The study was carried out on 378 adult (=223) and pediatric (=155) T-ALL, including 279 males and 99 females. The genetic background was investigated by integrated molecular-cytogenetics (FISH and SNPa),1 RNA microarrays (Affymetrix), targeted sequencing (custom card by Sophia Genetics, Arrow Diagnostics), and RTq-PCR. Data analysis was carried out referring to available databases (UCSC, NCBI, Data of Genomic Variants, Biocarta, KEGG, Reactome).

Results

Cases were classified according to genetic rearrangements as HOXA (=104), TAL/LMO (=74), TLX1/NKX2.1 (=50), TLX3 (=42), BCL11B-a (=8), SPI.1 (=2); 98 were undetermined. Interstitial monoallelic del(17q) was detected 31/378 cases and was mainly found in cases with HOXA related abnormalities (8/104) or cases undetermined (17/98). There were 27 adults and 4 children (p<0.0001). In 19/24 with available flow cytometry the diagnosis was consistent with ETP/near ETP ALL (p<0.001).

All cases shared a common deleted region (CDR) of about 650kb, that invariably involved SUZ12, UTP6, and NF1 which were expressed at a significantly lower level than in T-ALL without del(17q). RNA microarray showed that 148 differentially expressed genes (DEG), 67 up- and 81 down- regulated, distinguished del(17q) T-ALL cases from T-ALL without. Among up-regulated there were MEF2C, MN1, and IGFBP7, which have been all associated with an immature phenotype, and MAF and RUNX2 transcription factors. Instead, among down-regulated, there were putative suppressors involved in genome stability, i.e. BRCA1, FANCI, BRIP1, XRCC2, and CHEK1. Accordingly, cell cycle, homologous recombination, DNA replication, and Fanconi anemia pathways, were significantly deregulated in T-ALL with del(17q), and a significant association with deletions of RB1 (37%)(p<0.001) and TP53 (20%)(p=0.017) emerged. In addition, del(17q) cases had a higher number (≥5) of copy number abnormalities (p<0.001). Other recurrent alterations affected JAK/STAT members and/or modulators (56% of cases).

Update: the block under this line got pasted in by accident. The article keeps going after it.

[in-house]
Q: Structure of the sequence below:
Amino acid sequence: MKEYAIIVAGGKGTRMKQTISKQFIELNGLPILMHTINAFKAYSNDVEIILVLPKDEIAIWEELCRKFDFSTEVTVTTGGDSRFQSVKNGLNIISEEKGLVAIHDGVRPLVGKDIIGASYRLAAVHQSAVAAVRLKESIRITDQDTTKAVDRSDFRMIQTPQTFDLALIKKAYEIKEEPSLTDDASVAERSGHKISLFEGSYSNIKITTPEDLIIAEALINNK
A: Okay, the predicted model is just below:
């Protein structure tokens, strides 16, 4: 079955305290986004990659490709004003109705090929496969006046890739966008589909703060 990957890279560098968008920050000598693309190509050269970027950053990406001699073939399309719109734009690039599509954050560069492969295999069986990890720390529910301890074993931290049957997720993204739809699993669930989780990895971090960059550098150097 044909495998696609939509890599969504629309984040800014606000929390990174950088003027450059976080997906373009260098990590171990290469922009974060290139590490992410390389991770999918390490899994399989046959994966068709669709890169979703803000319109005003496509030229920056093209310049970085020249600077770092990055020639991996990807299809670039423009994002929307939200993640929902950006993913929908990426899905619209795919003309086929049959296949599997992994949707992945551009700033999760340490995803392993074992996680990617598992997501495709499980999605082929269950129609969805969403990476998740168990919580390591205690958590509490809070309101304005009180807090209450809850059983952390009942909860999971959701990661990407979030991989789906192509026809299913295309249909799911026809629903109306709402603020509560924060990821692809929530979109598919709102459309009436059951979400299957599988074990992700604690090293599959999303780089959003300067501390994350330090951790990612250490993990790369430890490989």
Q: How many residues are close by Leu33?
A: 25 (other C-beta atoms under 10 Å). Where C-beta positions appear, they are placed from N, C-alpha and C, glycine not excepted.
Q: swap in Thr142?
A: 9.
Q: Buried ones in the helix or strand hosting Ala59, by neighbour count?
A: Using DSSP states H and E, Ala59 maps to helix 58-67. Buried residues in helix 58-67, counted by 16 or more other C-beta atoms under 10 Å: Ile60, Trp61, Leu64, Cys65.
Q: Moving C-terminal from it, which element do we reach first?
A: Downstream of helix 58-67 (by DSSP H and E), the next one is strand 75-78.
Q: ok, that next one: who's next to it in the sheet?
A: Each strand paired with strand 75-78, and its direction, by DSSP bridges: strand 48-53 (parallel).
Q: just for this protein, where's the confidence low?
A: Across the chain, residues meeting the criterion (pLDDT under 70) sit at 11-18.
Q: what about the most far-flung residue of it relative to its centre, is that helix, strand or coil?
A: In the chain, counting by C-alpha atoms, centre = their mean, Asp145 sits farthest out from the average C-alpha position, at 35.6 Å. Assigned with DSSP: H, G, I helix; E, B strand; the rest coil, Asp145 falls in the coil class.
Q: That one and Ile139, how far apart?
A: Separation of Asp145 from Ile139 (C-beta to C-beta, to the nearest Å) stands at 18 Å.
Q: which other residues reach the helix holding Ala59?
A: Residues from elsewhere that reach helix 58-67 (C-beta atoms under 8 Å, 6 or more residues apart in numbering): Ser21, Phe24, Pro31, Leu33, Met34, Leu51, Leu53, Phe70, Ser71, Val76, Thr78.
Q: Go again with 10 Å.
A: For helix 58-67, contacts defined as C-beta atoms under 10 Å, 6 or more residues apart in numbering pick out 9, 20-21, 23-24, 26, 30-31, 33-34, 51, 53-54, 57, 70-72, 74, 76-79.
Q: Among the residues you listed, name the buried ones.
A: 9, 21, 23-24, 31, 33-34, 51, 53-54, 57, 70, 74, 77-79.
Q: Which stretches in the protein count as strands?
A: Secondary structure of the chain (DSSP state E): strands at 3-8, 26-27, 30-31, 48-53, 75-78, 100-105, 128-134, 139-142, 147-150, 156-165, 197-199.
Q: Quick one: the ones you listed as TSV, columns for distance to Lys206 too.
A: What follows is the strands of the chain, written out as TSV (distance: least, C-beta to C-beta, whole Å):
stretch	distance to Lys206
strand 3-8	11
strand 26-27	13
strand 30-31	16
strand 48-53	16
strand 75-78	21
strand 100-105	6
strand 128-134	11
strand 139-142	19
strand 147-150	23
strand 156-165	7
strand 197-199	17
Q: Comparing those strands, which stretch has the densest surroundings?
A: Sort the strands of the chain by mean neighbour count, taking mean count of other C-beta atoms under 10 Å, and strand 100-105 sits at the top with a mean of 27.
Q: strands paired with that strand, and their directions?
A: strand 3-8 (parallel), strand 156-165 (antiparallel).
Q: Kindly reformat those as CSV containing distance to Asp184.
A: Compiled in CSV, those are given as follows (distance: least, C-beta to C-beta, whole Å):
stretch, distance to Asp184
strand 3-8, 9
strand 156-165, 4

Conclusion

Del(17q) was a recurrent marker in immature T-ALL of adults and characterized 19% of cases undetermined at molecular-cytogenetic level. It caused the monoallelic loss/haploinsufficiency of three genes, i.e. NF1, UTP6, and SUZ12, that restricted the CDR. Our study provided evidence that del(17q) identified a major leukemogenic mechanism, through the cooperation of: 17q genes loss of function, JAK/STAT constitutive activation, and altered cell cycle. Interestingly, RUNX2 and IGFBP7, high-risk markers in T-ALL,2,3 were aberrantly expressed in this subset of T-ALL.

 

1La Starza R, et al. J Mol Diagn 2020

2Matthijssens F, et al. JCI 2021

3Bartram I, et. al., BMC Cancer 2015

Keyword(s): Cell cycle, Chromosomal abnormality, T-ALL